Uganda Ecological Problems

Lake Victoria environmental problem

Uganda is home to the largest tropical inland lake, which is also the second largest freshwater lake in the world, Lake Victoria. The English adventurer and Africa explorer Speke was the first European to discover it in the century before last and named it “Lake Victoria” in honor of his Queen. But the lake is now an ecological problem child. The water hyacinths, originally found in South America, spread in Uganda’s waters. They deprive the fish of oxygen, impede navigation and clog the lake’s drains. The international foundation for the environment and Global Nature wants to draw attention to the dramatic decline in fish, the destruction of the bank vegetation and the growing impoverishment of the people living on the lake. The organization even named Lake Victoria as Threatened Lake of the Year 2005. The water level fell over the years, with the consequences affecting fisheries and energy production at the power stations on the Nile. Critics suspected that Uganda secretly dumped too much water from Lake Victoria into the White Nile to meet the country’s energy needs.

Since January 2019 it has rained far too much in East Africa. The more than twenty tributaries of Lake Victoria brought vast amounts of water into the lake. Marshes and wetlands on the lake were eroded and broke off, creating floating islands. Some got into the power plants and clogged the turbines. Power outages across the country were probably the least of the problems. Due to the blocked drain into the Nile, the water level of the lake rose to over 13.5 m above the normal level. Fishing villages and entire islands were flooded, people were killed, roads were flooded, and even the runway of the airport in Entebbe was in danger of flooding. Hotels and resorts lost their beaches, some even their buildings in the masses of water. Uganda’s animals also suffer from the masses of water. Ngamba Island, which is a safe home for many orphaned or rescued chimpanzees, has been partially flooded. However, the water masses are now falling, so that it was possible to reopen on October 1st, 2020.

Drought or flood in East Africa

According to aristmarketing, the Ugandan government seeks international cooperation in the fight against the consequences of climate change. There are also multiple efforts at the national level. In 2019, the 24-year-old national environmental law was revised. A change was necessary in view of the massive infrastructure projects in the energy sector such as the planned refinery and the pipeline for the upcoming oil production, the increasing urbanization and the resulting land pressure as well as climate change.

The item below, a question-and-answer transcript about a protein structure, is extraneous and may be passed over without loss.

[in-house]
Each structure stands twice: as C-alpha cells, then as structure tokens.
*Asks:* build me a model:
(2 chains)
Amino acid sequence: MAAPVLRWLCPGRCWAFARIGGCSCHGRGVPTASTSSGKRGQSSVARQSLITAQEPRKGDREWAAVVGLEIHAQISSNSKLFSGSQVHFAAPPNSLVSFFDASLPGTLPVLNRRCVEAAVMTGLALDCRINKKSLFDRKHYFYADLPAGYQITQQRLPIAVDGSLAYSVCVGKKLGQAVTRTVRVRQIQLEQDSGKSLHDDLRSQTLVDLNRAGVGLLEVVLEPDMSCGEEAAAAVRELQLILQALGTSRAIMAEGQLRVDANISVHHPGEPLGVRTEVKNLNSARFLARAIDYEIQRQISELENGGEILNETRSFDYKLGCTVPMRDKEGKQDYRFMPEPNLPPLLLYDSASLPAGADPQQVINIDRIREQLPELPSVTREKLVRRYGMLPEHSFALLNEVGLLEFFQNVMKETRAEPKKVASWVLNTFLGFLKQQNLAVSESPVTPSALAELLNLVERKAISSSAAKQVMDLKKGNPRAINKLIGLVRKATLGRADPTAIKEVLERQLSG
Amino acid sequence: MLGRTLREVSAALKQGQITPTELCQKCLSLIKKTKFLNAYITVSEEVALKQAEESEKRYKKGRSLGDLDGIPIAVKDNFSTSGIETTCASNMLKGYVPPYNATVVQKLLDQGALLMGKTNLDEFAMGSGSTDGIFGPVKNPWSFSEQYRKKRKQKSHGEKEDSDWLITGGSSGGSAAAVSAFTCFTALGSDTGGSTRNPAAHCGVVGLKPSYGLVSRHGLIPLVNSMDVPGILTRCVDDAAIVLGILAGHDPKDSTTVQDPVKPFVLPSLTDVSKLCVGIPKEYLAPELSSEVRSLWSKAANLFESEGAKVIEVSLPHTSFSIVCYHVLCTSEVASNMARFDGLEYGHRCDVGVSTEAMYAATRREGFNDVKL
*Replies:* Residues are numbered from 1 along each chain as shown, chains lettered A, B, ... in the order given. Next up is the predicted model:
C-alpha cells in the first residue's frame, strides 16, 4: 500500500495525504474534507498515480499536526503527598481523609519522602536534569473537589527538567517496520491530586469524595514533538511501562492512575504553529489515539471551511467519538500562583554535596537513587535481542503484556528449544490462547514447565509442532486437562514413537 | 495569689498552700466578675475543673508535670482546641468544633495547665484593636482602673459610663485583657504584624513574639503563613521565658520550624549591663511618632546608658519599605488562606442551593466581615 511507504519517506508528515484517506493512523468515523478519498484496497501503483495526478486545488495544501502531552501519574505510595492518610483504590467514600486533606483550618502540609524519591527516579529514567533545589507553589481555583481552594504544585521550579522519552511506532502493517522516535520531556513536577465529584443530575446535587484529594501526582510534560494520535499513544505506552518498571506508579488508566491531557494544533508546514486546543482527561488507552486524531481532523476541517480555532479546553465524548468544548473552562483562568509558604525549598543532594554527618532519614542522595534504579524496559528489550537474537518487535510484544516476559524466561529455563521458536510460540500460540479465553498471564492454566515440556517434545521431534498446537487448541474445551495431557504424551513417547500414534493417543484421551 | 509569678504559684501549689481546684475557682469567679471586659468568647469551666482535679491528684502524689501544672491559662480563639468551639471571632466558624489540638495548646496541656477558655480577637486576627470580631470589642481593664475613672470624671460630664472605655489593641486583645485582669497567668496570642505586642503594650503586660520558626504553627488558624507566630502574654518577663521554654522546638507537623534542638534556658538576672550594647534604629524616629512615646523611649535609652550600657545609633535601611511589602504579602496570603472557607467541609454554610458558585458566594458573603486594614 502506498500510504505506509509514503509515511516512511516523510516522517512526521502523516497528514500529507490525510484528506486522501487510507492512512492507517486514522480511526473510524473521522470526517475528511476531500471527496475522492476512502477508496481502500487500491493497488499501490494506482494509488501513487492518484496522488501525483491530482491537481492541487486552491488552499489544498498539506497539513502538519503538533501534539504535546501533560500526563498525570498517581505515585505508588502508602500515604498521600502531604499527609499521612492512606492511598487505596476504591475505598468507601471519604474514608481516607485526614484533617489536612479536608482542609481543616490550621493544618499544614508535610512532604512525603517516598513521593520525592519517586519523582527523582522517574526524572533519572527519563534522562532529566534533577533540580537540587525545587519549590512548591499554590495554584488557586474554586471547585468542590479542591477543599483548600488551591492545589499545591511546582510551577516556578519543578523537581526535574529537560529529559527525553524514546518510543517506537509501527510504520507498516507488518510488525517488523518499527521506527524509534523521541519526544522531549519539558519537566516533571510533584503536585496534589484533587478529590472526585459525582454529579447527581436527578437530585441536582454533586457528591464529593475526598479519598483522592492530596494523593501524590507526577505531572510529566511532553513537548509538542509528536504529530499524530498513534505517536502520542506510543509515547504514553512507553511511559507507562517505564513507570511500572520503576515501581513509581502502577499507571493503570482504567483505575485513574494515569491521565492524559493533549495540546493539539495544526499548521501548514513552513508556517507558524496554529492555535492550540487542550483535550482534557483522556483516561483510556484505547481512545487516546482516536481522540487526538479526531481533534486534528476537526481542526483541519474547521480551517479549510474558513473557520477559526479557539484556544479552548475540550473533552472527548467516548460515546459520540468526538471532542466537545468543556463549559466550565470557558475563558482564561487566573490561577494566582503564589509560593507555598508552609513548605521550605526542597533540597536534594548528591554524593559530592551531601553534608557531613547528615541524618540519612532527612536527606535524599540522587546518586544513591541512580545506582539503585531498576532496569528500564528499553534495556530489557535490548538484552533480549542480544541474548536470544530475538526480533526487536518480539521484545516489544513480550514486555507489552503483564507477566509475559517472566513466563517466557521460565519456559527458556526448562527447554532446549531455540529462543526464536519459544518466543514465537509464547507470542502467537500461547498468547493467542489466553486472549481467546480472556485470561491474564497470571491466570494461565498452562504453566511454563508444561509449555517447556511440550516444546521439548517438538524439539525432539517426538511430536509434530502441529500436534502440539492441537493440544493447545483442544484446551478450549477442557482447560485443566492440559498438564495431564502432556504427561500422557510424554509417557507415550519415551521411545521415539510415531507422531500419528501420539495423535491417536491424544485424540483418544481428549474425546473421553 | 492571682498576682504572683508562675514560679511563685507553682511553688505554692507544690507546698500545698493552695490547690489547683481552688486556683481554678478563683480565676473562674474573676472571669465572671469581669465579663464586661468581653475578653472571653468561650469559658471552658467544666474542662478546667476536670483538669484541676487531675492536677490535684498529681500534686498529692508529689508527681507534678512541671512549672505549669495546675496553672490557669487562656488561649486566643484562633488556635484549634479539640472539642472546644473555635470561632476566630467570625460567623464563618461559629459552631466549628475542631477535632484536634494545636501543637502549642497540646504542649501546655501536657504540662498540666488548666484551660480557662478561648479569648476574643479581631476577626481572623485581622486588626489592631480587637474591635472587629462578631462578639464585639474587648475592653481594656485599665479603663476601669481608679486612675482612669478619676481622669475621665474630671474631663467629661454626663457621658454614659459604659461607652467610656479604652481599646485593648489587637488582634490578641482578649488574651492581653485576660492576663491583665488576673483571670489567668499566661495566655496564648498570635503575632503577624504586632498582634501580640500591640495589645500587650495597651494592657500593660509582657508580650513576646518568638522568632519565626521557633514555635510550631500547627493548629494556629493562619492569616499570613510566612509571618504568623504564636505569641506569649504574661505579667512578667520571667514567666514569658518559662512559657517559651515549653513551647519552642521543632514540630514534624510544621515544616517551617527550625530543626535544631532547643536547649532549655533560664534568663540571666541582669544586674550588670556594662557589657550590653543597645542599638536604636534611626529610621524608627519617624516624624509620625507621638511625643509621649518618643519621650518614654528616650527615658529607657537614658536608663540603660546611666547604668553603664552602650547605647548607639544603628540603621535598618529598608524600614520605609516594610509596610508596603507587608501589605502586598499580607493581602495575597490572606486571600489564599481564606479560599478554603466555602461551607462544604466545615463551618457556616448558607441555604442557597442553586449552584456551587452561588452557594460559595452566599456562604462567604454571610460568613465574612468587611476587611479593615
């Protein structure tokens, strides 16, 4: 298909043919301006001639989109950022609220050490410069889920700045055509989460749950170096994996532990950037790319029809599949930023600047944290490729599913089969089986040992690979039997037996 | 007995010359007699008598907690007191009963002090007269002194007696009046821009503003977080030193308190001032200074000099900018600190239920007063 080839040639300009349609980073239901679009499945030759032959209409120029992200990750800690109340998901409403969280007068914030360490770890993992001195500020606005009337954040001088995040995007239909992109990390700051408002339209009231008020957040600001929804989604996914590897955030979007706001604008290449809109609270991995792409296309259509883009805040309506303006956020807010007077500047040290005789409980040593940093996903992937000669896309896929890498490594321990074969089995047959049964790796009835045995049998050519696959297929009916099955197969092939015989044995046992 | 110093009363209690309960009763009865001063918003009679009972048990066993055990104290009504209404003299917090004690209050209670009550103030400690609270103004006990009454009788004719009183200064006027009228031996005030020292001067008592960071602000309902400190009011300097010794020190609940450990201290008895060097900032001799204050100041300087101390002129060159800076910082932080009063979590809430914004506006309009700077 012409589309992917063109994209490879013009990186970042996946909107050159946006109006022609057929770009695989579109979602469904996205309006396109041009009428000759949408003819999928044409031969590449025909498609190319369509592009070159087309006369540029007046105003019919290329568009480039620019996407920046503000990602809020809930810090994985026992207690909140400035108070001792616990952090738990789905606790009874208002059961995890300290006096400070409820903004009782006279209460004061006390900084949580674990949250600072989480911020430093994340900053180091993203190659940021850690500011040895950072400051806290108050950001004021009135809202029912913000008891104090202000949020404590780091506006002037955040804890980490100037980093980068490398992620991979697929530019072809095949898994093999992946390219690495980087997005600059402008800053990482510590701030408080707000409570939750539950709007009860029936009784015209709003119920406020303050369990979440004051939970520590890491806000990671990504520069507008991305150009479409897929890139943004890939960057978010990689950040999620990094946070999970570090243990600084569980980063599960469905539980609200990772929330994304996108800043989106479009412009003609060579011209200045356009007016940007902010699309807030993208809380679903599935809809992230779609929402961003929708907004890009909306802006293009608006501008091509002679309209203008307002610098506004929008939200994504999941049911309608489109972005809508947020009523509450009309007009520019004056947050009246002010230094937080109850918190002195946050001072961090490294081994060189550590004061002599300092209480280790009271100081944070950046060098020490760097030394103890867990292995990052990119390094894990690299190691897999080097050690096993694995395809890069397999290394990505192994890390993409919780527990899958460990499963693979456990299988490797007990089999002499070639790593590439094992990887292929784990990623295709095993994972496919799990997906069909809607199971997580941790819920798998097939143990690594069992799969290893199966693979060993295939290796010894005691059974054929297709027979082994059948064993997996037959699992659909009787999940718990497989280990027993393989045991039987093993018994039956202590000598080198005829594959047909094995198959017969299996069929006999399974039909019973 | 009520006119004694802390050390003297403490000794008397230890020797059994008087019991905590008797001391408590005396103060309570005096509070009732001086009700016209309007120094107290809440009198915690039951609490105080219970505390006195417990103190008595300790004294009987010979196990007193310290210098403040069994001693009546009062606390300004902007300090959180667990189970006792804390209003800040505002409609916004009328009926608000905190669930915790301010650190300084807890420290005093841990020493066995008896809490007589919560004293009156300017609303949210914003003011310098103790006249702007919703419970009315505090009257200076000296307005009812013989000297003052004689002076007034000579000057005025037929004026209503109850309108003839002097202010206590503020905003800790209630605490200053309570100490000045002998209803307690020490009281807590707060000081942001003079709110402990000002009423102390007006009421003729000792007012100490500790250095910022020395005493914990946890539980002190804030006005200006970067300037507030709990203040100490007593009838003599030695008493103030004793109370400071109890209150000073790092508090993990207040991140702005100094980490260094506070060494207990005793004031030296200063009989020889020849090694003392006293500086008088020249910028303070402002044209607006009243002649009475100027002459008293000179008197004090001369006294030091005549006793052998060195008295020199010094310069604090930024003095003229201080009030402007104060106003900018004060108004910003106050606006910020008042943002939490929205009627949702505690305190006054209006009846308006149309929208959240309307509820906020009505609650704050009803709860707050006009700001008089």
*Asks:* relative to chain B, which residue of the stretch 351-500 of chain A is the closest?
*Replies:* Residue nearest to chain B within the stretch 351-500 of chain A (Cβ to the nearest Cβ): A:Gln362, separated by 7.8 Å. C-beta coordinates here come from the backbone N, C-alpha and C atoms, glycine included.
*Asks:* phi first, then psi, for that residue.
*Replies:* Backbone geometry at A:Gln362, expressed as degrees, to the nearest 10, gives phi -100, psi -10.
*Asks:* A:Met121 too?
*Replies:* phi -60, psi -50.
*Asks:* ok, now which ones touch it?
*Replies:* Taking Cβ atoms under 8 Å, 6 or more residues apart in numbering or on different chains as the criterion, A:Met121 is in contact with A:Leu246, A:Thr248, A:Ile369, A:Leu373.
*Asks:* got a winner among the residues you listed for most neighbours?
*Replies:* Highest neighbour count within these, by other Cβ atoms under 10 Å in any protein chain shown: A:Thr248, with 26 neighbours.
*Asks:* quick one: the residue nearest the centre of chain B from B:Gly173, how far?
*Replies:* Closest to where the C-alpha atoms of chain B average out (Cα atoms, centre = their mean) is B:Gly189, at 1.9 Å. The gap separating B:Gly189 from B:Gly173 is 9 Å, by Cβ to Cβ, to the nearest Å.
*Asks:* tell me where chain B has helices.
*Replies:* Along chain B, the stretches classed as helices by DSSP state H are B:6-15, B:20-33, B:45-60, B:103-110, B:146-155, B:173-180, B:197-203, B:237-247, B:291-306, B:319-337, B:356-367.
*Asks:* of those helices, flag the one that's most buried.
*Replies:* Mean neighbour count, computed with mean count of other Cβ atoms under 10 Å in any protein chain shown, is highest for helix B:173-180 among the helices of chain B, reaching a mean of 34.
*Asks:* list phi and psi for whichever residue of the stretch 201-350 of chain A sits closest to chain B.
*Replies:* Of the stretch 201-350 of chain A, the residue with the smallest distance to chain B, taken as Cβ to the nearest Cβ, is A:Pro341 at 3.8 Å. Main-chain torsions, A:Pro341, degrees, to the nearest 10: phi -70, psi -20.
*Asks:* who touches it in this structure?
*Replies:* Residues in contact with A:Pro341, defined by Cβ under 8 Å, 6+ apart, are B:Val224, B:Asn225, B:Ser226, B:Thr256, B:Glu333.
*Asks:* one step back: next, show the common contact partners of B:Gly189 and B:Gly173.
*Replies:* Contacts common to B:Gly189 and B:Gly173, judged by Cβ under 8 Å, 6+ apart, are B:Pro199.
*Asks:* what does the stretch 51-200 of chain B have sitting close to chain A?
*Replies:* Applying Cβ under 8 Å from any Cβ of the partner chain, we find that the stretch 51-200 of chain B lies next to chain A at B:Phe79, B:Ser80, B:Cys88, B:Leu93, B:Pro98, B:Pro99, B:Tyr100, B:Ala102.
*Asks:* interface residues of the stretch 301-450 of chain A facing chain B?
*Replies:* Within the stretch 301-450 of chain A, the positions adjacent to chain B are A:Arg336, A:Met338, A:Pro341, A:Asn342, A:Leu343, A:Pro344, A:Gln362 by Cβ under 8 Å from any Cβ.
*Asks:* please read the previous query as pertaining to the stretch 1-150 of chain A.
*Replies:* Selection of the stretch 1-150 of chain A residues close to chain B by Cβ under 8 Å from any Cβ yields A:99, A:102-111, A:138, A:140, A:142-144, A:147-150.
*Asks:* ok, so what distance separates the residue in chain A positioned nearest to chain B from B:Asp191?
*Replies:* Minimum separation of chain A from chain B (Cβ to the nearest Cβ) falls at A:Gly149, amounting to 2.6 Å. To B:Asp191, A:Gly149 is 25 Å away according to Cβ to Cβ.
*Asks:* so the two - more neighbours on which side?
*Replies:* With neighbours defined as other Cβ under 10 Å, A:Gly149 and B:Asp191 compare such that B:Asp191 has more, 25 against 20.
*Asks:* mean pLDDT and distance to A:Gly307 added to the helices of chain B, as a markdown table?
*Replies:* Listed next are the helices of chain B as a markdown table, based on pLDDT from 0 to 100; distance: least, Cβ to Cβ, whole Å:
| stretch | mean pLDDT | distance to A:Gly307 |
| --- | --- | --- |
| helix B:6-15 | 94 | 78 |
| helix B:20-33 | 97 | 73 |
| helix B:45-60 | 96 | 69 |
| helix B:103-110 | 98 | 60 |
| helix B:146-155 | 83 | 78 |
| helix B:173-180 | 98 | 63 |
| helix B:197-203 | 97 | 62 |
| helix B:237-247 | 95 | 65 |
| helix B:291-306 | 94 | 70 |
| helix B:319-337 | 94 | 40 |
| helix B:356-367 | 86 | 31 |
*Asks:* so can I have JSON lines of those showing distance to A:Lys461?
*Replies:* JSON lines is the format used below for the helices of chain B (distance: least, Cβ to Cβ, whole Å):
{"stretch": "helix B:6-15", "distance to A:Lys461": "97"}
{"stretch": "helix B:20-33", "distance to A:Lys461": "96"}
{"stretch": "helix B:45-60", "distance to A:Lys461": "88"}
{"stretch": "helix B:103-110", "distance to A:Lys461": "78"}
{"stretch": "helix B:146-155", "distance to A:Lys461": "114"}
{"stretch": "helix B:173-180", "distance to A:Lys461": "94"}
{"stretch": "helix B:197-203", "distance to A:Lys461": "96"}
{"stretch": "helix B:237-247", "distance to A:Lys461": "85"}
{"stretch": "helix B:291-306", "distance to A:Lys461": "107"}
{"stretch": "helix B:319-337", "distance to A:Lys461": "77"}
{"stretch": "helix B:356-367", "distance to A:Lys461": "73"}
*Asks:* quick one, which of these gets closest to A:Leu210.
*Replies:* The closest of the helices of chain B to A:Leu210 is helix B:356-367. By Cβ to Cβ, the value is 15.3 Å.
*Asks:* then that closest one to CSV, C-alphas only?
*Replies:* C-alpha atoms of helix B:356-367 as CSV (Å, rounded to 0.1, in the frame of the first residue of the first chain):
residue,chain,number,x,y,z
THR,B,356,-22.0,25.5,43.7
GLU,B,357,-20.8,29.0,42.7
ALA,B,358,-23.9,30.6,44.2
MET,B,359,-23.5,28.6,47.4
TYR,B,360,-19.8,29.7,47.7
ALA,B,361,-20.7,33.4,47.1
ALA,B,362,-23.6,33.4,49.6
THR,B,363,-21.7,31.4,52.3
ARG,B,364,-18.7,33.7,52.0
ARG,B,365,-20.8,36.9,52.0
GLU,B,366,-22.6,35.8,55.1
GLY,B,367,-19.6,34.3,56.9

In Kampala, more and more unplanned settlements are being built in wetlands, the city administration is trying to build sewer ditches in order to maintain a minimum of hygiene, but also to maintain the wetlands and to educate the population about the effects of climate change. Kampala is even intended to serve as a model for other African countries. One strategy is the production of briquettes from waste products in order to reduce the consumption of charcoal as fuel, the introduction of street lights with solar power, school kitchens with biogas and much more

Disasters occur again and again. In mid-2011 all of East Africa, including Uganda, ruled, the worst drought in 60 years, affecting almost 12 million people. In Uganda, the east and north were particularly hard hit, especially the Karamoja region, which was already troubled by unrest. In 2016, the whole of East Africa was hit again by the worldwide “El NiƱo” phenomenon. It led to extreme weather conditions, the second rainy season was almost completely canceled in Uganda, and prices rose. According to the government’s crisis report, around eleven million people were affected by the crisis at the beginning of 2017. After the rains in the middle of the year, the situation eased somewhat.

Dry years have been followed by wet years, as has been the case since the second half of 2019. This is a great help for some farmers, but the rain came at the wrong time and often caused more damage than good. Several landslides destroyed houses, fields and resulted in deaths. Especially in the otherwise very dry regions of the country, such as Karamoja, new problems were created, roads were barely passable and prices rose. As with every flood, cases of malaria and cholera increased.

In an unprecedented manner, excessive rainfall hit Uganda in the first half of 2020. In May 2020, rivers overflowed their banks, resulting in flooding. Western Uganda was hit particularly hard. Over 100,000 people lost their homes, Kilembe Hospital was destroyed, people drowned. But also in eastern Uganda there were catastrophic conditions. Access from Mbale to Karamoja via Sironko had to be closed after the bridge was washed away. In the Mount Elgon area, the bridges could not withstand the water and were destroyed.

The environmental movement in Uganda has been rather inconspicuous since then. But when Lake Victoria burst its banks not far from her parents’ house, 23 year old Vanessa Nakate decided to take action and founded Fridays for Future Uganda. She gained notoriety after her photo, which she shows in a group picture at the World Economic Forum in Davos, was subsequently cut out. She chalked this as a form of racism and then received a lot of encouragement, especially in social media.

Rising water levels in Lake Viktoria flood houses